22 October 2020
COVID-19 has created unexpected changes to our environment. But real estate development embraces new trends and caters for the ongoing evolution of space.
We’ve got this.
Stuart Johnson, Director
Every existing building can be turned into something new and its internal space used for a different purpose, you just need to know how to reshape it.
The COVID-19 pandemic has disrupted the way we use our offices, homes and leisure spaces and this has forced us to be creative in how we respond as people and in real estate strategy. Using creativity and expertise, a recently purchased office block could offer better ROI if converted into a mixed use tower. It is this flexibility to quickly transform an asset, and whether they should, that our clients are asking us about. With central Government indicating a more relaxed approach to change of use planning consents, our clients can be more nimble in their decision making too.
Collins maintained its business growth during the last two recessions by helping clients make informed decisions on cost, programme and the level of disruption when looking to alter their assets.
While buildings are purchased for their commercial viability, their ‘constructability’ is also a vital part of the equation. The practical analysis of a building’s structural works and services will offer a realistic and accurate report of a programme and costs and the feasibility of whether additional value, through conversion, can be achieved.
Our occupier and developer clients are asking different questions. Occupiers across all sectors are considering what they need to do with their spaces to make them manageable and safe for their employees, clients and visitors. Understanding what is practically achievable to alter a space in terms of design constraints and opportunities, programme and disruption, will provide the costs needed to do it.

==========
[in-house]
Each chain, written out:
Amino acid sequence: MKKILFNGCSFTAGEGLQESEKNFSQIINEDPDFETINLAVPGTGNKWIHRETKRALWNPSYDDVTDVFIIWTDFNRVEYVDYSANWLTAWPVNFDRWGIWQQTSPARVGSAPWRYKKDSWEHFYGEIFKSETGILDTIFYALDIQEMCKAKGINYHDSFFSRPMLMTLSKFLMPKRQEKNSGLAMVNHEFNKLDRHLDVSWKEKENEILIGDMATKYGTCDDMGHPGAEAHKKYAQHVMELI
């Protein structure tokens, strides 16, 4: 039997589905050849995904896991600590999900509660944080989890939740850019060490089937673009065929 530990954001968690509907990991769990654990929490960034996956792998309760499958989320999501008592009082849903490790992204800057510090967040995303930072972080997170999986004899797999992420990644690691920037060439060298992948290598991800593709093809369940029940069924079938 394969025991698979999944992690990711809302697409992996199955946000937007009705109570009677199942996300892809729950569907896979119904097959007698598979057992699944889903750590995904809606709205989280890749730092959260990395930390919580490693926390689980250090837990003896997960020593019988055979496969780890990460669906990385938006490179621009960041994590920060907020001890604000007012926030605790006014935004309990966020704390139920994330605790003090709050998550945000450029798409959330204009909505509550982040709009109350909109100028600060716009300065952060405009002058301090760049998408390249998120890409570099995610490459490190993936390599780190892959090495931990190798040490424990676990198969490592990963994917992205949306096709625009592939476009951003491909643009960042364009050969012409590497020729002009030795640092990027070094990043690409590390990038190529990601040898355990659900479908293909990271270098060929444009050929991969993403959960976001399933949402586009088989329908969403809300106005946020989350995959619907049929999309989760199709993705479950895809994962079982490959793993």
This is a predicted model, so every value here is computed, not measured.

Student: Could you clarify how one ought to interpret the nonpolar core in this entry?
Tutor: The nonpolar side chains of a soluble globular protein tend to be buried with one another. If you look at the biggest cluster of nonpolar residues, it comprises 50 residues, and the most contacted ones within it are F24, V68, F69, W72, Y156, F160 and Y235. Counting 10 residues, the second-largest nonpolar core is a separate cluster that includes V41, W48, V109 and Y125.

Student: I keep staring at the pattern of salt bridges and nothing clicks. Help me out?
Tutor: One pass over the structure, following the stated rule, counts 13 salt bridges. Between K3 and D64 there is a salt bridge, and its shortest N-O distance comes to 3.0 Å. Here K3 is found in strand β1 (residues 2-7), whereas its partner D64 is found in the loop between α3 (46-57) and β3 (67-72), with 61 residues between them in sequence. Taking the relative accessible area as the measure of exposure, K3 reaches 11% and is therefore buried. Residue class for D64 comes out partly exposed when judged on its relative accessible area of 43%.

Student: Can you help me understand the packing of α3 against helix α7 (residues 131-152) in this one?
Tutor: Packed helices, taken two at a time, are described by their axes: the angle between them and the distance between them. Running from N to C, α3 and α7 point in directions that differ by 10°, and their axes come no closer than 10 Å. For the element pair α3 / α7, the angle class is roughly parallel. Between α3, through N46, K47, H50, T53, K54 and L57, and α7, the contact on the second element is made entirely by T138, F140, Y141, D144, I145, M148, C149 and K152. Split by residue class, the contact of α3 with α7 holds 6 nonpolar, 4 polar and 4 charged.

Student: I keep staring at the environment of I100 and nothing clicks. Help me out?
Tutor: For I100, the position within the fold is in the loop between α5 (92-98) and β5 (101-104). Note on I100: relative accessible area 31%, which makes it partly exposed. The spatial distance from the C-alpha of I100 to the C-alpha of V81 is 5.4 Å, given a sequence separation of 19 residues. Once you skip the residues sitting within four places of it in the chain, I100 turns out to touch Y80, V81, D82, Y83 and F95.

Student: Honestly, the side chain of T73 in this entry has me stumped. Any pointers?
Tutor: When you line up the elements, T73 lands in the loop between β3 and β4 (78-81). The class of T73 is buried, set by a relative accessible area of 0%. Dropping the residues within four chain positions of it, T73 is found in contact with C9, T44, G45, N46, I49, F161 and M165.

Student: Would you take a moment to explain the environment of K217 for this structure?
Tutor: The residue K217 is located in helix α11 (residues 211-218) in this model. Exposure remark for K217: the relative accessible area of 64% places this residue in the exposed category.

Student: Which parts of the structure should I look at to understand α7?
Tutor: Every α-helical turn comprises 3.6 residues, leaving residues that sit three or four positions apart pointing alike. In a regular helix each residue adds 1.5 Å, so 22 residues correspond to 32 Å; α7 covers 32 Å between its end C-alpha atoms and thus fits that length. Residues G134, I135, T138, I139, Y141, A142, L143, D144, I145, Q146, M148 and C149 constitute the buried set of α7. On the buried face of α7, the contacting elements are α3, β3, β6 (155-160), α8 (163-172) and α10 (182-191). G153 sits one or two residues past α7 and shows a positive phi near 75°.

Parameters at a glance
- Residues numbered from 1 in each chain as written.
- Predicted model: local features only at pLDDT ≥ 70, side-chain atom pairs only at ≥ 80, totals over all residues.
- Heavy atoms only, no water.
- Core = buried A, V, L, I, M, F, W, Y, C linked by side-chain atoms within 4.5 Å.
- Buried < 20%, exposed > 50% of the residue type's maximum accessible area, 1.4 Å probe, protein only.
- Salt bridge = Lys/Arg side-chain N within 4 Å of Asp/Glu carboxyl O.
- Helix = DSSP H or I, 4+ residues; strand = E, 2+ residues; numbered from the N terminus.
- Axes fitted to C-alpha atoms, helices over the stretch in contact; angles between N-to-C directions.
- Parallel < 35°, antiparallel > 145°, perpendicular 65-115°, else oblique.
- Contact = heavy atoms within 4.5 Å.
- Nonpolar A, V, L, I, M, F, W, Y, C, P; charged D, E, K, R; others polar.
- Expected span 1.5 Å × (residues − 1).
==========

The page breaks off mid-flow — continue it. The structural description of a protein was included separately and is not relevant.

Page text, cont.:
Developers considering a new strategy for their buildings are looking for design teams that can identify opportunities for change and provide an alternative vision that enables improved returns. But our industry has been operating on this rapid response basis for years, remaining flexible and adapting to change when it needs to.
We have seen real estate trends shape our environments across the sectors. Our clients are proactive in developing spaces that respond to changes in behaviour that cause markets to shift.
Which mid-40s senior exec out there isn’t ever so slightly disappointed that the open plan office appeared on the scene before they were able to sample a long-coveted corner office?
When consumers started online shopping in earnest, retail spaces had to change overnight to maintain visitor numbers. Food became the new driver of footfall and retailers started to commit floor space to coffee shops. Retailers that once maximised floorspace with product suddenly committed square footage to creating spaces for ‘experience’ to give consumers a reason – above shopping – to visit.
In 2010, universities needed to offer more than education to compete when they increased their tuition fees to £9,000 per year. Architects helped operators create an optimum student experience, transforming bland accommodation units into state-of-the-art spaces, high-tech and ones that encourage interaction and collaboration.
Healthcare facilities are increasingly downsizing to fit into areas where people can access them with ease, such as Fortius Clinic in Wimbledon. This is so patients with busy schedules do not have to travel long distances for an appointment.
We tell our clients there is always a solution, whatever the challenge. Real estate will continue to evolve both naturally and when it is forced to. Smart design teams will continue to respond to, and shape, our behaviours. Practical knowledge of an asset and certainty of programme is what gets this creativity and confidence to evolve, off the ground.
Find out how Collins can help turn an existing space into something something new here.